Southeast Missouri State University student publication

Anti-hazing candlelight vigil lights up Southeast

Monday, October 22, 2018
Students gather around a table of candles as they prepare for the Oct. 18 Candlelight Vigil for hazing awareness in front of Kent Library.
Photo by Joshua Dodge ~ Photo Editor

In honor of Timothy Piazza, a former member of Penn State’s Beta Theta Pi fraternity and others who have died through hazing, Southeast held its annual anti-hazing candlelight vigil outside of Kent Library on Thursday Oct. 18.

“There is no group on this campus worth being hazed over,” Associate vice president of Student Life Bruce Skinner said.

According to, more than half of college students involved in clubs, teams and organizations have experienced some form of hazing.

This event was open to all students and faculty to recognize the issue and reflect.

Skinner said his goal is to have students who have witnessed any hazing think to themselves, “I know this is not right, and if I speak up, there will be a lot of people who back me up,” rather than, “I don't want to be the person to say something.’”

At this event students were given a candle to hold in honor of those who have lost their life to hazing. Chosen speakers told a story about about one of those lives.

Kathleen Howard, vice president of chapter development for National Panhellenic Council and one of the speakers said she hopes this candlelight vigil gets people to talk about hazing and learn more about it.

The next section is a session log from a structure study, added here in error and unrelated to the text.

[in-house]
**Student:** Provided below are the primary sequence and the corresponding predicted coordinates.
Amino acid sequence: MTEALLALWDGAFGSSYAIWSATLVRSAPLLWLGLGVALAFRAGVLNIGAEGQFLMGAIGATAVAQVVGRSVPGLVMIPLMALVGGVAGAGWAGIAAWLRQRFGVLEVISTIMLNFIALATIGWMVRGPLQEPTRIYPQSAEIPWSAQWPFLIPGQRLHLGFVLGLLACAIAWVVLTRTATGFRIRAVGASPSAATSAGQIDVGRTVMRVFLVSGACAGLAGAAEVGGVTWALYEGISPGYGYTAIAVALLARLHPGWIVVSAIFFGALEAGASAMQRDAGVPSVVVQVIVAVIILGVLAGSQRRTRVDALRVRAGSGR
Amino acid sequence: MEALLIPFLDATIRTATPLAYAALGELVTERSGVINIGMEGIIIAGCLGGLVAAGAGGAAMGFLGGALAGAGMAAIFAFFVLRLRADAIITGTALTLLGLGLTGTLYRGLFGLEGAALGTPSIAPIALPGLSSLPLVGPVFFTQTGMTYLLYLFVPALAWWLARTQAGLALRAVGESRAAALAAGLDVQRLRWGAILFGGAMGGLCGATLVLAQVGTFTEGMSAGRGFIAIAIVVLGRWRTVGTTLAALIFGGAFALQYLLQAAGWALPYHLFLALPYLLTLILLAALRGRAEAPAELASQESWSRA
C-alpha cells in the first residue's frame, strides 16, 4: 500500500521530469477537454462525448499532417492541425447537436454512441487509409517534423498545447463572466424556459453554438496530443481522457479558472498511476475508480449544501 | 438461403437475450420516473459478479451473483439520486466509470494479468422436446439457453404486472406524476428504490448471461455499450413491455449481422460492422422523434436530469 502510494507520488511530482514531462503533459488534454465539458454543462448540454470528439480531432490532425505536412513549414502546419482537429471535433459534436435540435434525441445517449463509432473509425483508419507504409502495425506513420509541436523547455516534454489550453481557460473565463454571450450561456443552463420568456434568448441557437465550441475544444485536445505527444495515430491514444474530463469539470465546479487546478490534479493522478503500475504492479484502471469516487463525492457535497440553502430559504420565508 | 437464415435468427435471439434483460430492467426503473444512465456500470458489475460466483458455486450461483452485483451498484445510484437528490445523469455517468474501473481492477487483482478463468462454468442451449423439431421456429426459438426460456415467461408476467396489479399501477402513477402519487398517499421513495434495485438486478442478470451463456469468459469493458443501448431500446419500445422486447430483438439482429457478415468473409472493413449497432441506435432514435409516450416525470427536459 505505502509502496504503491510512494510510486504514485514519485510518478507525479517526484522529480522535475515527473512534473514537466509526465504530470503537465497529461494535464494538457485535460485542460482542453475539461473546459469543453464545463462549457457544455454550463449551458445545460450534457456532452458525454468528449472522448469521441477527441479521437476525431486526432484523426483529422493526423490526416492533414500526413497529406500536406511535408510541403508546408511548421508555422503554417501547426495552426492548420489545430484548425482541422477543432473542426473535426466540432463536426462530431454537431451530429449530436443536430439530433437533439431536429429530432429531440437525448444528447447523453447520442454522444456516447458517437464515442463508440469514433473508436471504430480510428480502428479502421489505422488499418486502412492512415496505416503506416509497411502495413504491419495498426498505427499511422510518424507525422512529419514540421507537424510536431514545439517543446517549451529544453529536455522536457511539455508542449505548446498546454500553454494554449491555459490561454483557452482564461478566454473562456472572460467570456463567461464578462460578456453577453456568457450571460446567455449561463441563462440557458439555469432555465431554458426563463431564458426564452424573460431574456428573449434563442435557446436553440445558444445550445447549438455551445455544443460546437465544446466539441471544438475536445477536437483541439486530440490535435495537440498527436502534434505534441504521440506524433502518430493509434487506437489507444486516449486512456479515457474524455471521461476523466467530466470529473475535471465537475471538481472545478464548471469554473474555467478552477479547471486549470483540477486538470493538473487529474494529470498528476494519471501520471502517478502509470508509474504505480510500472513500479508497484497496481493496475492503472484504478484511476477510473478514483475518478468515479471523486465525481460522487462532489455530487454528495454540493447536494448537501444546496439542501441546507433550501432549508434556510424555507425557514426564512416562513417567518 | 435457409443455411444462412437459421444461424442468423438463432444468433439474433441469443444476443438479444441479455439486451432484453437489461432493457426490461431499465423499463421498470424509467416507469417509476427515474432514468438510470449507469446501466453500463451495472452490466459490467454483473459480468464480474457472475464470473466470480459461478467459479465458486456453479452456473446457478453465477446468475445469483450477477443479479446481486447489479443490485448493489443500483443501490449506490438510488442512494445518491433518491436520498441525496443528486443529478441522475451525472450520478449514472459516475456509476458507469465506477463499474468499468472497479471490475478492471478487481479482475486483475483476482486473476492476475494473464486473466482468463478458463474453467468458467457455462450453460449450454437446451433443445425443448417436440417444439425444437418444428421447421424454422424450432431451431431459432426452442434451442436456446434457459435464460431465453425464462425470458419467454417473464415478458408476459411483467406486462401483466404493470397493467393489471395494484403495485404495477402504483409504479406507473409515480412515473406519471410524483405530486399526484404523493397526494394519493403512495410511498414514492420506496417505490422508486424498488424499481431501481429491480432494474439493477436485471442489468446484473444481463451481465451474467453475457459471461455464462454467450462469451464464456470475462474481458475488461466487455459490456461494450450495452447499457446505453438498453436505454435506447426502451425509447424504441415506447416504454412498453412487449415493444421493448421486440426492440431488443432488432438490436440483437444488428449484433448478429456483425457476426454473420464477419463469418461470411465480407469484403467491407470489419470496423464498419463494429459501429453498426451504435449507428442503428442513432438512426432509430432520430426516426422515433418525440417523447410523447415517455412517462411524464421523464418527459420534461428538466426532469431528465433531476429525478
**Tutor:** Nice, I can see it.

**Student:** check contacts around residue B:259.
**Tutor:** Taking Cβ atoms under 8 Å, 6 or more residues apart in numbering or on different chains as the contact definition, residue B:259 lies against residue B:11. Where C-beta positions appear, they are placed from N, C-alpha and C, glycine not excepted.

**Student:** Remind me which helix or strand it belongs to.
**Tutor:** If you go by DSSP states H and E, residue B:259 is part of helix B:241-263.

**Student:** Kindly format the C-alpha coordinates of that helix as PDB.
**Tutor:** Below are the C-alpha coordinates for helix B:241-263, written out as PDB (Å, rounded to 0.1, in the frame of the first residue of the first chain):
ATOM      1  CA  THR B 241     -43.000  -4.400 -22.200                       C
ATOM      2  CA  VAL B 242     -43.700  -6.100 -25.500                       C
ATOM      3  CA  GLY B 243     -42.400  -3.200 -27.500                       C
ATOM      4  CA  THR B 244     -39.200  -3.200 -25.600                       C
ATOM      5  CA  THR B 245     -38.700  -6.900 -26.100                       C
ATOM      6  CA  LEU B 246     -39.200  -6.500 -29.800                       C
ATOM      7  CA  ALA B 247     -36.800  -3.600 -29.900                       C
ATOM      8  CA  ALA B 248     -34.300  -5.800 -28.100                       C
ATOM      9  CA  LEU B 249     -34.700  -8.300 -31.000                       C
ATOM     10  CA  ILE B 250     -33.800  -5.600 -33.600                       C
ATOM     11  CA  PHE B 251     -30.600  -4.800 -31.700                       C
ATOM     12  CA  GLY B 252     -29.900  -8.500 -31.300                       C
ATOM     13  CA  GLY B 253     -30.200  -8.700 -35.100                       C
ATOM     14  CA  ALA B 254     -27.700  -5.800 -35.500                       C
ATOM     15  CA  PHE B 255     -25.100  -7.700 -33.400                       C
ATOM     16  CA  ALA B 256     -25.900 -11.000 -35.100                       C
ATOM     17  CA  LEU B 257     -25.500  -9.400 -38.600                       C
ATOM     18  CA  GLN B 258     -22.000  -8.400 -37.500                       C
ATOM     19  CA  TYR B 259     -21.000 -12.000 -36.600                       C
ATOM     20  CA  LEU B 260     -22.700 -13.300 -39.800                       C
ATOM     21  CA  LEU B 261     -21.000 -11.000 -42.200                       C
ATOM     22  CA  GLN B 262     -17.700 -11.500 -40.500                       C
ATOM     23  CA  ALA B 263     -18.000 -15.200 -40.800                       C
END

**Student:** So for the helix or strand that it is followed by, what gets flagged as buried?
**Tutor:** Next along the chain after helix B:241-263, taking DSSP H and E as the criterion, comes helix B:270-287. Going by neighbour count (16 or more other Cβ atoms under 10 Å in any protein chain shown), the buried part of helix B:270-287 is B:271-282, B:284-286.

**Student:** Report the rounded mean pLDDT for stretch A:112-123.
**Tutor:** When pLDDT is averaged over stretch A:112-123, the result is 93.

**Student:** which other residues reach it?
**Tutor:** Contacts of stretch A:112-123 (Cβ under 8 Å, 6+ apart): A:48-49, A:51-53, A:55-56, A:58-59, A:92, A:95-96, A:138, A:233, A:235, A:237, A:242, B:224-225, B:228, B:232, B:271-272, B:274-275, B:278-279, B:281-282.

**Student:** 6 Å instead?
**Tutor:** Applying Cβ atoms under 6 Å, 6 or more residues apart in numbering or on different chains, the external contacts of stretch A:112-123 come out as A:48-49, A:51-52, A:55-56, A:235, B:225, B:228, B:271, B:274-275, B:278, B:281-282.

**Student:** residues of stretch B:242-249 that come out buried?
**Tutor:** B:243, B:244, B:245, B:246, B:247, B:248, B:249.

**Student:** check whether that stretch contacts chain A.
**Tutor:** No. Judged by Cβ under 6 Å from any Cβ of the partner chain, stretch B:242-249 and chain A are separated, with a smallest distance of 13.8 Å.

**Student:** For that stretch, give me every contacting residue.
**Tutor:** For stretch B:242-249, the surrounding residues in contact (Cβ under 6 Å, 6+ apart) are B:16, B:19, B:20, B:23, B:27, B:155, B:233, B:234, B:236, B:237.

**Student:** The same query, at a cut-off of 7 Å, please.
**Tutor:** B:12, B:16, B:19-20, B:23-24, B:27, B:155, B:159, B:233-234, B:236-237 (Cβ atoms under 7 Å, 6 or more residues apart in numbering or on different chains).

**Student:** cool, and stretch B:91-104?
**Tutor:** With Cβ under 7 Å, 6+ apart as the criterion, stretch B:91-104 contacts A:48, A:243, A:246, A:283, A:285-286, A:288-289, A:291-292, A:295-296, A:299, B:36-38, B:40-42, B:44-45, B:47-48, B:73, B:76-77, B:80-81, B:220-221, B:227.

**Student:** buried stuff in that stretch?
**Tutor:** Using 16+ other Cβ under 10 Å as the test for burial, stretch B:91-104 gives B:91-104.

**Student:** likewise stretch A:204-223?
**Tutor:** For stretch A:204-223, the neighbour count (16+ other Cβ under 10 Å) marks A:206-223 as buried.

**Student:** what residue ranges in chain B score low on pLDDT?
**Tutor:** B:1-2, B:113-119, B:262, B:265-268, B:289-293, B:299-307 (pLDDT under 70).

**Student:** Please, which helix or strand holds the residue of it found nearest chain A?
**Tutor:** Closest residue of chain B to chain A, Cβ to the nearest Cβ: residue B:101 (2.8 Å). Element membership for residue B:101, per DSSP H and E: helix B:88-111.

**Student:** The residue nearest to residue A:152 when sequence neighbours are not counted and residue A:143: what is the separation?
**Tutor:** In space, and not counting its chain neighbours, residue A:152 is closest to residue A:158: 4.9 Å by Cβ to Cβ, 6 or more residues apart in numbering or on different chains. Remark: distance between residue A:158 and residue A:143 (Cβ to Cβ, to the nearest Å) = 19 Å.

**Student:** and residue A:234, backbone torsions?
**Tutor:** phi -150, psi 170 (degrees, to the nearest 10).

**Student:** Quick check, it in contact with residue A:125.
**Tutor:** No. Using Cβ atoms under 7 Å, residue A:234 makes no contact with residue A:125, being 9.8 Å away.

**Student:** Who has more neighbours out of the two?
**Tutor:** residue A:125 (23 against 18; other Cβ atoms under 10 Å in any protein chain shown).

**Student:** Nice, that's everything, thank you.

“Coming to the event and hearing about an actual hazing situation where somebody has passed away from it will bring more awareness,” she said.

Junior Maddie Tribl, a member of Delta Delta Delta, said the event made her realize that it really does happen at every university and thinks it is important that we keep raising awareness for it.

Howland said it is not talked about enough; she knows multiple groups who have hazed recently and no one will talk about it because all of the members are OK with it.

“Until somebody speaks up about it, nothing is going to change,” she said.

Skinner said he does not think this topic is talked about enough until something tragic happens, and then it becomes really prominent until other news takes over.

“I speak to a lot of high school students as part of my role and when Greek life is brought up, they think that when they will join a fraternity, band or an athletic team, they will be hazed,” Skinner said.

“The main message I wanted to get out to students is that if you witness hazing happening, you have the obligation to act rather than just hope that somebody else with more authority speaks up,” he said.